The Batavia, a ship from the Vereenigde Oost-Indische Compagnie (VOC) fleet, left the Netherlands headed for Indonesia in late 1628, loaded up with silver, jewels, and other valuables. With over 300 people on board, the Batavia wrecked near the west coast of Australia seven months later. Before the ship went down, Jerome Cornelisz — one of the under-merchants — had been planning a mutiny, and his treacherous plot became increasingly brutal after the crash. Some of the details about what happened to the Batavia crew members are unclear, but Cornelisz's killing spree is hard to ignore. The horrors brought on by Cornelisz and his fellow mutineers make for one of the creepiest maritime stories ever told.
The 'Batavia' Ran Aground After Seven Months At Sea
The Batavia was one of eight ships that left the Netherlands for Indonesia on October 28, 1628. There were over 300 people on board, including the crew, merchants, women, and children. The ship was on its way to Indonesia to buy spices with large amounts of silver, jewels, and other riches. After more than seven months at sea, the Batavia got stuck on a reef 40-50 kilometers (about 25-30 miles) off the coast of Western Australia, roughly 3,200 kilometers (2,000 miles) shy of their intended destination.
A Mutiny Was Planned During The Voyage
As the Batavia made its way across the sea, several crew members began causing problems. Francesco Pelsaert — the ship and fleet commander — butted heads with an under-merchant named Adriaen Jacobsz, as he didn't think Pelsaert should be in charge. Relegated to the position of skipper, Jacobsz began talking about taking over the ship with another under-merchant, Jerome Cornelisz, while the two were drinking together. The men discussed throwing Pelsaert overboard, and killing any officers who got in their way. Once they had control of the ship, they could do what they wanted with the valuable cargo.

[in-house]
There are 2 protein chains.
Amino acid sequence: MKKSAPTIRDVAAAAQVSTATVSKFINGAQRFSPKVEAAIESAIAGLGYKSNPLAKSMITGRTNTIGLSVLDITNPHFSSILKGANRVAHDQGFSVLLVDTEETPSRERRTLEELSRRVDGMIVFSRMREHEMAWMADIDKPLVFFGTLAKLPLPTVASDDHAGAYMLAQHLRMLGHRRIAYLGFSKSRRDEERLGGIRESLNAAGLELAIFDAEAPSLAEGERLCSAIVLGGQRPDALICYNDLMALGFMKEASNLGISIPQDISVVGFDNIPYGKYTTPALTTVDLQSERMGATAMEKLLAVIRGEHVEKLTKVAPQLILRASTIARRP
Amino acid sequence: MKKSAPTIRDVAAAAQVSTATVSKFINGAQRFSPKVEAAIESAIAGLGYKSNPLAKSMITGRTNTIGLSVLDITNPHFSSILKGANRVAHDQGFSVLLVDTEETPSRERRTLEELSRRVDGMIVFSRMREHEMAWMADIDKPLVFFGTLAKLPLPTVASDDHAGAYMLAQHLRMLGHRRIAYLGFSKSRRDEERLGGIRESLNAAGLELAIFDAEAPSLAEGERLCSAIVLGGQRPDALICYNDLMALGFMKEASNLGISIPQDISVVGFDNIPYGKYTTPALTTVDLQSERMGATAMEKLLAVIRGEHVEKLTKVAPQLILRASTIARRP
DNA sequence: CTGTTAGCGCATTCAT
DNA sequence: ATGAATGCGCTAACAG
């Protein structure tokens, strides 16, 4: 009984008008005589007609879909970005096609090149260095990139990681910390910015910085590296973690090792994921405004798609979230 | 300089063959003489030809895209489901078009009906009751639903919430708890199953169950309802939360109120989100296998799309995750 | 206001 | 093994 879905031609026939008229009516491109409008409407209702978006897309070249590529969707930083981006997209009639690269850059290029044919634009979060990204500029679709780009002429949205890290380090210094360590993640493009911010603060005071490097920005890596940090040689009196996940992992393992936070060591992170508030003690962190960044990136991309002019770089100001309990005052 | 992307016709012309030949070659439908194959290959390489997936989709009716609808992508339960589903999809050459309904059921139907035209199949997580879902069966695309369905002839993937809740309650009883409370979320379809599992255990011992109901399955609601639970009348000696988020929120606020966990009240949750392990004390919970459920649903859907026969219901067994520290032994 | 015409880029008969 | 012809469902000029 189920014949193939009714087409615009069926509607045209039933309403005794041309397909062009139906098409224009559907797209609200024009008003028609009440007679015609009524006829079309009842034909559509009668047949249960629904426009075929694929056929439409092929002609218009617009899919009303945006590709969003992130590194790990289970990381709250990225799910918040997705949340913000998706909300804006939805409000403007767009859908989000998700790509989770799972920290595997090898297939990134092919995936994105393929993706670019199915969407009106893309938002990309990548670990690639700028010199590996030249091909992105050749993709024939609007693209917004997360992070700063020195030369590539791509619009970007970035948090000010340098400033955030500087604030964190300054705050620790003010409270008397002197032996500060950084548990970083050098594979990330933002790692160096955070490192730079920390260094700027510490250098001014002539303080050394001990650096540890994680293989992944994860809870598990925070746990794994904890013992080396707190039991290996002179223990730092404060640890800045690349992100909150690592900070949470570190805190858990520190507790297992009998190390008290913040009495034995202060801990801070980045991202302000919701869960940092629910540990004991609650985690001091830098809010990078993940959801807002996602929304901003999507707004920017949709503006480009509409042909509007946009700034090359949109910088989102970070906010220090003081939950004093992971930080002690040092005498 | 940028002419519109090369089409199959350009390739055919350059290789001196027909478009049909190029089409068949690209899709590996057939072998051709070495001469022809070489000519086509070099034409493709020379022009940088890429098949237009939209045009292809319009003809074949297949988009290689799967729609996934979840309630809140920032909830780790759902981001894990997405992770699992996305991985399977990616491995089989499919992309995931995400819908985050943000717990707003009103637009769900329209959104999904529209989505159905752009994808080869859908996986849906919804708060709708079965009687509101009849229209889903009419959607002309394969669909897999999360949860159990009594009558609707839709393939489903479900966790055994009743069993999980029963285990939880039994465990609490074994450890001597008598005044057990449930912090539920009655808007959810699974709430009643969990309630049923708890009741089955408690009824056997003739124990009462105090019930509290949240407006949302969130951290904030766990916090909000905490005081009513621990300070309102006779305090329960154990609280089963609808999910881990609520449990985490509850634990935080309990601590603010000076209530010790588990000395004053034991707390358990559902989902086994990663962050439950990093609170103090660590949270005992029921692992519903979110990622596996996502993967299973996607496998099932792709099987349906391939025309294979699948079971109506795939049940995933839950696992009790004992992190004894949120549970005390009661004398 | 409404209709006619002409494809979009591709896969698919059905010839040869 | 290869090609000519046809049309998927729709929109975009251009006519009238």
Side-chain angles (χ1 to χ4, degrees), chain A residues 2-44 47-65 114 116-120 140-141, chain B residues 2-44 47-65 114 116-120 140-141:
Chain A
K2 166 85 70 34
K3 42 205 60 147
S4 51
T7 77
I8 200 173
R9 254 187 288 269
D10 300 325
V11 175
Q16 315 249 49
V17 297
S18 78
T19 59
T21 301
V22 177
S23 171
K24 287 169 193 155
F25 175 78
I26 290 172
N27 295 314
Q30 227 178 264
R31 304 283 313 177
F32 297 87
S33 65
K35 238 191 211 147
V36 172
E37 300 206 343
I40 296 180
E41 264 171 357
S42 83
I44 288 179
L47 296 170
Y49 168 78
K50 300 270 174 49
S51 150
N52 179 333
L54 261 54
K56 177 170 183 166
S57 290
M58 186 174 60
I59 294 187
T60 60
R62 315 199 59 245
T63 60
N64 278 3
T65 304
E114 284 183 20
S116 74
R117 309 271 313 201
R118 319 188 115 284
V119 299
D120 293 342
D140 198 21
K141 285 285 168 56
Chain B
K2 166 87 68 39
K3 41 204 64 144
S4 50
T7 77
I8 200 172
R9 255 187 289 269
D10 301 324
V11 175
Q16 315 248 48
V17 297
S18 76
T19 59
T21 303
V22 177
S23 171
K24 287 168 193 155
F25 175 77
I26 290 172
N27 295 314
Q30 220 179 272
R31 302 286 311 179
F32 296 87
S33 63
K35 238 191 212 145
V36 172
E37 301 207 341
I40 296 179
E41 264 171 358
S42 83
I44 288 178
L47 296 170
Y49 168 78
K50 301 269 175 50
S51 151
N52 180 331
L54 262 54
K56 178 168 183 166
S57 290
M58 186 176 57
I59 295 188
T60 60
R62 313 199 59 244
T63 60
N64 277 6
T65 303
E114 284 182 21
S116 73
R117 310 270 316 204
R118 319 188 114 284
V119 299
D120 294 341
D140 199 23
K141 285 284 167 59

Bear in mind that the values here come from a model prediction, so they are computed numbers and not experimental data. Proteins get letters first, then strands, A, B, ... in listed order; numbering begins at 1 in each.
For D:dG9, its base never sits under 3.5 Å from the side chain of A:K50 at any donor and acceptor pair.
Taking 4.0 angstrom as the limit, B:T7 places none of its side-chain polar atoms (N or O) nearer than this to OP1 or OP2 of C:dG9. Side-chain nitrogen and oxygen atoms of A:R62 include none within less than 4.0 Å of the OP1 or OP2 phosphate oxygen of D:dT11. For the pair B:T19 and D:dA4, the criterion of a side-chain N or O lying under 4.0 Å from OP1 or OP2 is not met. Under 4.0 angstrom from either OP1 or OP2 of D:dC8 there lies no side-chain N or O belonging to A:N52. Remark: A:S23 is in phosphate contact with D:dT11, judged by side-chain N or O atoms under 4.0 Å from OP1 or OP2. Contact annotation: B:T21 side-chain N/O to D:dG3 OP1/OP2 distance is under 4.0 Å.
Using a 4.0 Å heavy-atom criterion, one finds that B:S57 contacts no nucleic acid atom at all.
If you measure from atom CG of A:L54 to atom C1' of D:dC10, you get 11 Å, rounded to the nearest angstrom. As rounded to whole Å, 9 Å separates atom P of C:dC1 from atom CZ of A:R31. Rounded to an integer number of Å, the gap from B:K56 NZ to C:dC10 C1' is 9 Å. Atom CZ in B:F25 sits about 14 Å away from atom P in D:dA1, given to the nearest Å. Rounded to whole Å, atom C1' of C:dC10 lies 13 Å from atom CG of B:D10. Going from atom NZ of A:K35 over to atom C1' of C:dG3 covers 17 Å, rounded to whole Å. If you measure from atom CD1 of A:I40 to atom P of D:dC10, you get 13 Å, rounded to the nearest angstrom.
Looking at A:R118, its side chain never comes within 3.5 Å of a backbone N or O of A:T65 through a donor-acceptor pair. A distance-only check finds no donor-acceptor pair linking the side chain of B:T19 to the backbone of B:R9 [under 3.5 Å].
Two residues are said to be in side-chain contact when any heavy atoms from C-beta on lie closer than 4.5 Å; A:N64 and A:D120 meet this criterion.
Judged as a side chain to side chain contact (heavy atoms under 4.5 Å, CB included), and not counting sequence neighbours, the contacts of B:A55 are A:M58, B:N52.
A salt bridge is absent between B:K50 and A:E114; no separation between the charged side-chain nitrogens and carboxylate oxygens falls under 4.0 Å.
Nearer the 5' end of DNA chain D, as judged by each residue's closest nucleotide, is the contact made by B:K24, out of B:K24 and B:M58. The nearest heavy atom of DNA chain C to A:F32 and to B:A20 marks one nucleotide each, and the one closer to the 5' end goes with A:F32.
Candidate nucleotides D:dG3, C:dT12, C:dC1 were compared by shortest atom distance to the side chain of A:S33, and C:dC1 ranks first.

Cornelisz And Jacobsz Arranged For One Of The Female Passengers To Be Attacked
In order to successfully stage a mutiny, Jerome Cornelisz and Adriaen Jacobsz needed to turn the crew against Commander Francesco Pelsaert. Lucretia van der Mijlen — one of the ship's female passengers who was traveling to visit her husband — became close with Pelsaert after Jacobsz's repeatedly made advances on her. Jacobsz and Cornelisz arranged for several men on the ship to assault van der Mijlen, as they assumed Pelsaert would be forced to take disciplinary action.
Several crew members carried out the attack, but Pelsaert didn't react. Sources are divided on whether or not van der Mijlen was able to identify her attackers, so Pelsaert's inaction could have been motivated by a lack of concrete evidence, or by the unnamed illness some historians claim he suffered from.
40 People Died During The Shipwreck Near Western Australia
Just as tensions regarding the planned mutiny and the assault on Lucretia van der Mijlen were coming to a head, the ship got caught on Morning Reef. The Batavia wrecked on June 4, 1629, and the crash killed 40 people, leaving an estimated 275 passengers alive and fighting for their lives. The ship was held up near the Abrolhos Islands, and some of the passengers were able to reach Beacon Island, the latter of which is now known as Batavia's Graveyard.